Sister's Journal

Date: 26.October.1999
Location: Funchal, Island of Madeira, Portugal
Position: 32 degrees 38 minutes North, 16 degrees 55 minutes West
Madeira is beautiful

The Madeira archipelago includes 3 islands or island groups. Madeira is the largest and, by far, the most populated. Porto Santo is 38 nautical miles to the north, thinly populated and much less developed. The "Islas Desertas" are actually two large islands (and some number of smaller ones) which lie some 20 nautical miles to the east of Madeira. They are unpopulated.

All the islands are volcanic and Madeira, in particular, shows it. The island virtually springs from the sea. Its "shores" are vertical. In fact a significant downside is that, according to local information, there is no beach on the entire island of Madeira ... although Porto Santo has a beautiful beach, 9 kilometers long. Likewise according to local information, the second highest cliff in the world is on Madeira. It is Cabo Girao and it rises 549 meters (some 1800 feet) vertically out of the ocean. We drove to the top and looked straight down to the waves breaking at its base. It is awesome! Don't go there if you have vertigo or kids running loose.

Driving around the island is a trip. There is lots of new road building going on, most, if not all, of it being financed by the European Economic Community of which Portugal is a relatively recent member (1984?). The portions of the new roads that are already in use are spectacular. In some places they hardly touch the surface of the earth.

As you make your way around the island one minute you drive over a bridge that virtually soars across an incredibly deep chasm then at the end of the bridge you enter a tunnel through the ridge that forms one side of the chasm. Emerging from the tunnel, as often as not, you are on another absolutely spectacular bridge. It must be a highway engineer's dream … or perhaps, nightmare.

Driving across the island is no less dramatic. Pick one of the few roads that go up and over across the backbone of the island and you're in for a treat. Up you go along the edge of one of the aforementioned chasms (maybe canyons is a better description?). Up, up, up … switchback after switchback, often on the edge of the cliff, it is very cool! We crossed over going north, away from Funchal, at about 1000 meters (3250 feet). We had left humid heat at sea level and it was cool, misty and otherwise completely different at the summit.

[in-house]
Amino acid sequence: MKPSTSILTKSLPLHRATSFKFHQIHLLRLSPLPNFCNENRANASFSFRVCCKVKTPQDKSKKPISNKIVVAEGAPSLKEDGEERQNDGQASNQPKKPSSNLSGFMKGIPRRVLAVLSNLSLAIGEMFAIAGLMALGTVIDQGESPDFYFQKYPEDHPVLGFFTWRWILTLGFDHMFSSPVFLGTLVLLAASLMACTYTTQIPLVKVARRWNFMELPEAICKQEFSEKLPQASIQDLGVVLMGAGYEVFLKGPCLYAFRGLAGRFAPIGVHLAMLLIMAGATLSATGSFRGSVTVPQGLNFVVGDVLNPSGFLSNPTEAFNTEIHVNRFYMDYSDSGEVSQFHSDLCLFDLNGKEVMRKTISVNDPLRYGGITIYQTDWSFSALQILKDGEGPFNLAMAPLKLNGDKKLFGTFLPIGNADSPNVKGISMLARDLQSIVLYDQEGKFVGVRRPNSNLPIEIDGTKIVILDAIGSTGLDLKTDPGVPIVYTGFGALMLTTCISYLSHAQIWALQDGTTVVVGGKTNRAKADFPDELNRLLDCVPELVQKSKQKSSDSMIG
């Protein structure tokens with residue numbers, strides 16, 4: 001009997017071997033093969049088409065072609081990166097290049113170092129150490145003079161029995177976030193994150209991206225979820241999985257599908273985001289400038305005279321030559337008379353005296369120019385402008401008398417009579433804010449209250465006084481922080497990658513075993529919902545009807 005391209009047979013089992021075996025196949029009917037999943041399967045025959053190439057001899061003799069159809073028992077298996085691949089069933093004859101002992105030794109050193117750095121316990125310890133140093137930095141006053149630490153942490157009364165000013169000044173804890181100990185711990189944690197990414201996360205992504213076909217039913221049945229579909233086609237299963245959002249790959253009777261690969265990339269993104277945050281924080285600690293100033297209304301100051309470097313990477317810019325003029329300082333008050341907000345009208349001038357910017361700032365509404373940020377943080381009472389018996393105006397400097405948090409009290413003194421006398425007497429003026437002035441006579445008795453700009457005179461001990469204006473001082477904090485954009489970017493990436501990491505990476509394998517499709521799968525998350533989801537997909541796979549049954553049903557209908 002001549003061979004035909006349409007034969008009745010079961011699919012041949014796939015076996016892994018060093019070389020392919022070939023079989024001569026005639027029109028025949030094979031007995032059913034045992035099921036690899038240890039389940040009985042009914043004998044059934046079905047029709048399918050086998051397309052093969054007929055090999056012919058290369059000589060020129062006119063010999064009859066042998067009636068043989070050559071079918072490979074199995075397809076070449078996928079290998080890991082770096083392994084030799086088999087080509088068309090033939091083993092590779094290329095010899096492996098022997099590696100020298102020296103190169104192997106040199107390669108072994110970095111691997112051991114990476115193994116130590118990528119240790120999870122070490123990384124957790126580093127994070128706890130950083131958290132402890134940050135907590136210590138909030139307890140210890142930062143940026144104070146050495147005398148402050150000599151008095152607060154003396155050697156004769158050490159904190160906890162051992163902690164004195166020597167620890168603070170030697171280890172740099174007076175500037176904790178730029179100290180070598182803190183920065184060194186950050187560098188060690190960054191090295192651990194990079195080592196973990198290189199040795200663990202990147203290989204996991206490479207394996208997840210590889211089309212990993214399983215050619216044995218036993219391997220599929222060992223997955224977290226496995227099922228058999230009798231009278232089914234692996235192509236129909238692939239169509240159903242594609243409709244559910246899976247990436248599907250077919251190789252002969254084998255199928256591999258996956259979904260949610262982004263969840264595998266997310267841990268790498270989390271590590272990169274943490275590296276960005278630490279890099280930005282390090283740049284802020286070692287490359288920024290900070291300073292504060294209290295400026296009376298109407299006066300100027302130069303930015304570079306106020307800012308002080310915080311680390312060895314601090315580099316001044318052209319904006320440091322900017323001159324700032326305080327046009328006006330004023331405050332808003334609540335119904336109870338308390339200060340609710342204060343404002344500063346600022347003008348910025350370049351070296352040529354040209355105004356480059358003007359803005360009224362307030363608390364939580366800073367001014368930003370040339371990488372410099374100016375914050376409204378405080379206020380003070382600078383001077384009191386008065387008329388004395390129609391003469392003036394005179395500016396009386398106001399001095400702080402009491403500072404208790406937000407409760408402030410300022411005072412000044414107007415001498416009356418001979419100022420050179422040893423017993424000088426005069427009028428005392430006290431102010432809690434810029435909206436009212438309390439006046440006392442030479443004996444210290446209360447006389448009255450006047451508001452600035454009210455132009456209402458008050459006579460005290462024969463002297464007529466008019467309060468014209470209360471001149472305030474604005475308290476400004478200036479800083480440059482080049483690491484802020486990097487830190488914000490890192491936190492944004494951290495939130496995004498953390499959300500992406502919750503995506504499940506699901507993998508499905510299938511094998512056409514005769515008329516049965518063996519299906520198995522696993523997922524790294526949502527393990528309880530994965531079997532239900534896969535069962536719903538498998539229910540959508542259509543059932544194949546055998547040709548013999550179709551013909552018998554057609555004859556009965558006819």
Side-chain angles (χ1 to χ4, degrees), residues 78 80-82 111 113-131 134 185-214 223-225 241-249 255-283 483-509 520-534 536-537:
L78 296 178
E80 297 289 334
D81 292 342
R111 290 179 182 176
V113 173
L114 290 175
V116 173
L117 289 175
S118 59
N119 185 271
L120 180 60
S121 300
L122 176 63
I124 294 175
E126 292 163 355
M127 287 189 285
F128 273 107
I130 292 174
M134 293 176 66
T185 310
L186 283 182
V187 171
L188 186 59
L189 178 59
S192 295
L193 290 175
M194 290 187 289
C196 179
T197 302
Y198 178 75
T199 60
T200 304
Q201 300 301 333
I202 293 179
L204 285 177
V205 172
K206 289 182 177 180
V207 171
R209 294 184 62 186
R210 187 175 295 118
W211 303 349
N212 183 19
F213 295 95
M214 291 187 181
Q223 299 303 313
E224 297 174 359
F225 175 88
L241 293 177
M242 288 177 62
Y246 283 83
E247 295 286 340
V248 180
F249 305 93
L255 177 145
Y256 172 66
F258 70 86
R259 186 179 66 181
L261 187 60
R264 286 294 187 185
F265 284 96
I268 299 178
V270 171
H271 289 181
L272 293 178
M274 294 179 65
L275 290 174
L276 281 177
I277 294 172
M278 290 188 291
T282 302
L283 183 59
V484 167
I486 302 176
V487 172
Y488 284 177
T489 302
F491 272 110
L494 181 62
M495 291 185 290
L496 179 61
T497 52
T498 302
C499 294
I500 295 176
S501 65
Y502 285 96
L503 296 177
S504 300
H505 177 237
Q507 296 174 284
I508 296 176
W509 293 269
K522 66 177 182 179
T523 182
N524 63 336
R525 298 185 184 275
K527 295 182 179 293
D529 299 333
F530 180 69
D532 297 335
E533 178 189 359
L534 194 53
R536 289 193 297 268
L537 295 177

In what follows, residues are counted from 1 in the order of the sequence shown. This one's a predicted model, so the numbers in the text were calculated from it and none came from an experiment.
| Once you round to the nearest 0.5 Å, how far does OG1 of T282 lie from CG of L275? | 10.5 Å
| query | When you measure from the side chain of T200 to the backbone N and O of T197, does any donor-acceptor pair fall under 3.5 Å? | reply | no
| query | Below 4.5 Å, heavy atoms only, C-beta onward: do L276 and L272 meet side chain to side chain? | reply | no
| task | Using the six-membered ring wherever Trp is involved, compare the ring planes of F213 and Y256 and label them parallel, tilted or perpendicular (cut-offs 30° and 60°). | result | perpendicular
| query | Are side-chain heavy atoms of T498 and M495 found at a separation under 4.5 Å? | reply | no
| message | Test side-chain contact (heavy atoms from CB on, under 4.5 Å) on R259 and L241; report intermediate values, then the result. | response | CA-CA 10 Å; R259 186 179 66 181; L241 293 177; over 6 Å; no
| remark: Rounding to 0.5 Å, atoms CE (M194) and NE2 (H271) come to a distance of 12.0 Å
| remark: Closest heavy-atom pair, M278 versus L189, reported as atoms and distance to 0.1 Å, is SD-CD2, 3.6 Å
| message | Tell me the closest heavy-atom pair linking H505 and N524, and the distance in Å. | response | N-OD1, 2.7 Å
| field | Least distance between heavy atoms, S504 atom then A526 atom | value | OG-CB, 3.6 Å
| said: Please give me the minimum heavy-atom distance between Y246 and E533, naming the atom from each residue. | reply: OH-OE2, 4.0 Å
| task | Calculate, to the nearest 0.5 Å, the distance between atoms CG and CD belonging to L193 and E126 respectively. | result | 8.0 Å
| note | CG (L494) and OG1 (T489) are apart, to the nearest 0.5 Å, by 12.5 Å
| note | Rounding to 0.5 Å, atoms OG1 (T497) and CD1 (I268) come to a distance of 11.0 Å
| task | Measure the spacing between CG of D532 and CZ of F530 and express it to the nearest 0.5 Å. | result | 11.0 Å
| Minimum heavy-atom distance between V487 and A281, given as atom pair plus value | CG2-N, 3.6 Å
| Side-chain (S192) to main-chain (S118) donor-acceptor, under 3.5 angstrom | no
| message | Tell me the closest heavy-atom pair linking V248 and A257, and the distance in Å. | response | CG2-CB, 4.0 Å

Over the summit and down to the north shore where we planned to turn west and visit the northwest corner of the island. On arriving at the north shore a cop told us that it was best if we didn't drive west from there. The sea was particularly wild that day and we could see hundreds of good size rocks that it had thrown up over the roadway. We took his advice, turned around and headed east along the north shore.

The north shore is not nearly as developed as the south. There were no spectacular bridges spanning the many many canyons. To negotiate a canyon, one has to drive inland along one edge to a point where it becomes relatively narrow, cross a small bridge and then drive out to the coast again along the opposite side of the canyon. Most of the roadway is one lane and negotiating your way past oncoming traffic is a constant challenge.

Heading back across to the south shore and Funchal we followed a switchback road to the top of a ridge that separated two canyons. The ridge was very narrow at points and at one place there was a 1000 foot drop off on each side of the road.

A half an hour or so after leaving the hot humid coast we were again at the top of the island. We had a beer and warmed our butts by the fire in the fireplace of a bar/restaurant at the summit, 1400 meters (about 4500 feet) above sea level. This mountaintop spot is one of the places where it snows on Madeira each winter.

Funchal is the city on Madeira. There are several smaller towns and villages. Funchal has a population of 120,000 … pretty good size. It is built on a very small section of flat land, and on the sides of ridges and hills that surround the flat section. The effect is that of an amphitheater and it is beautiful from the sea and from the top of the hills that form the amphitheater. The city has a constant but mild pulse such that when walking among the streets you know that your are in a city but a gentle one. The people know that they have a beautiful home and they appreciate it. It apparently is a prime reason for their almost universally cheerful attitude.

Looking back over the stern as we left Madeira the island was green, green, green. Its peaks wore their normal cloud cover, the clouds being more a part of the visual scene than a part of the weather. Pretty fine!

Chuck and Andy in Funchal, Madeira, Portugal


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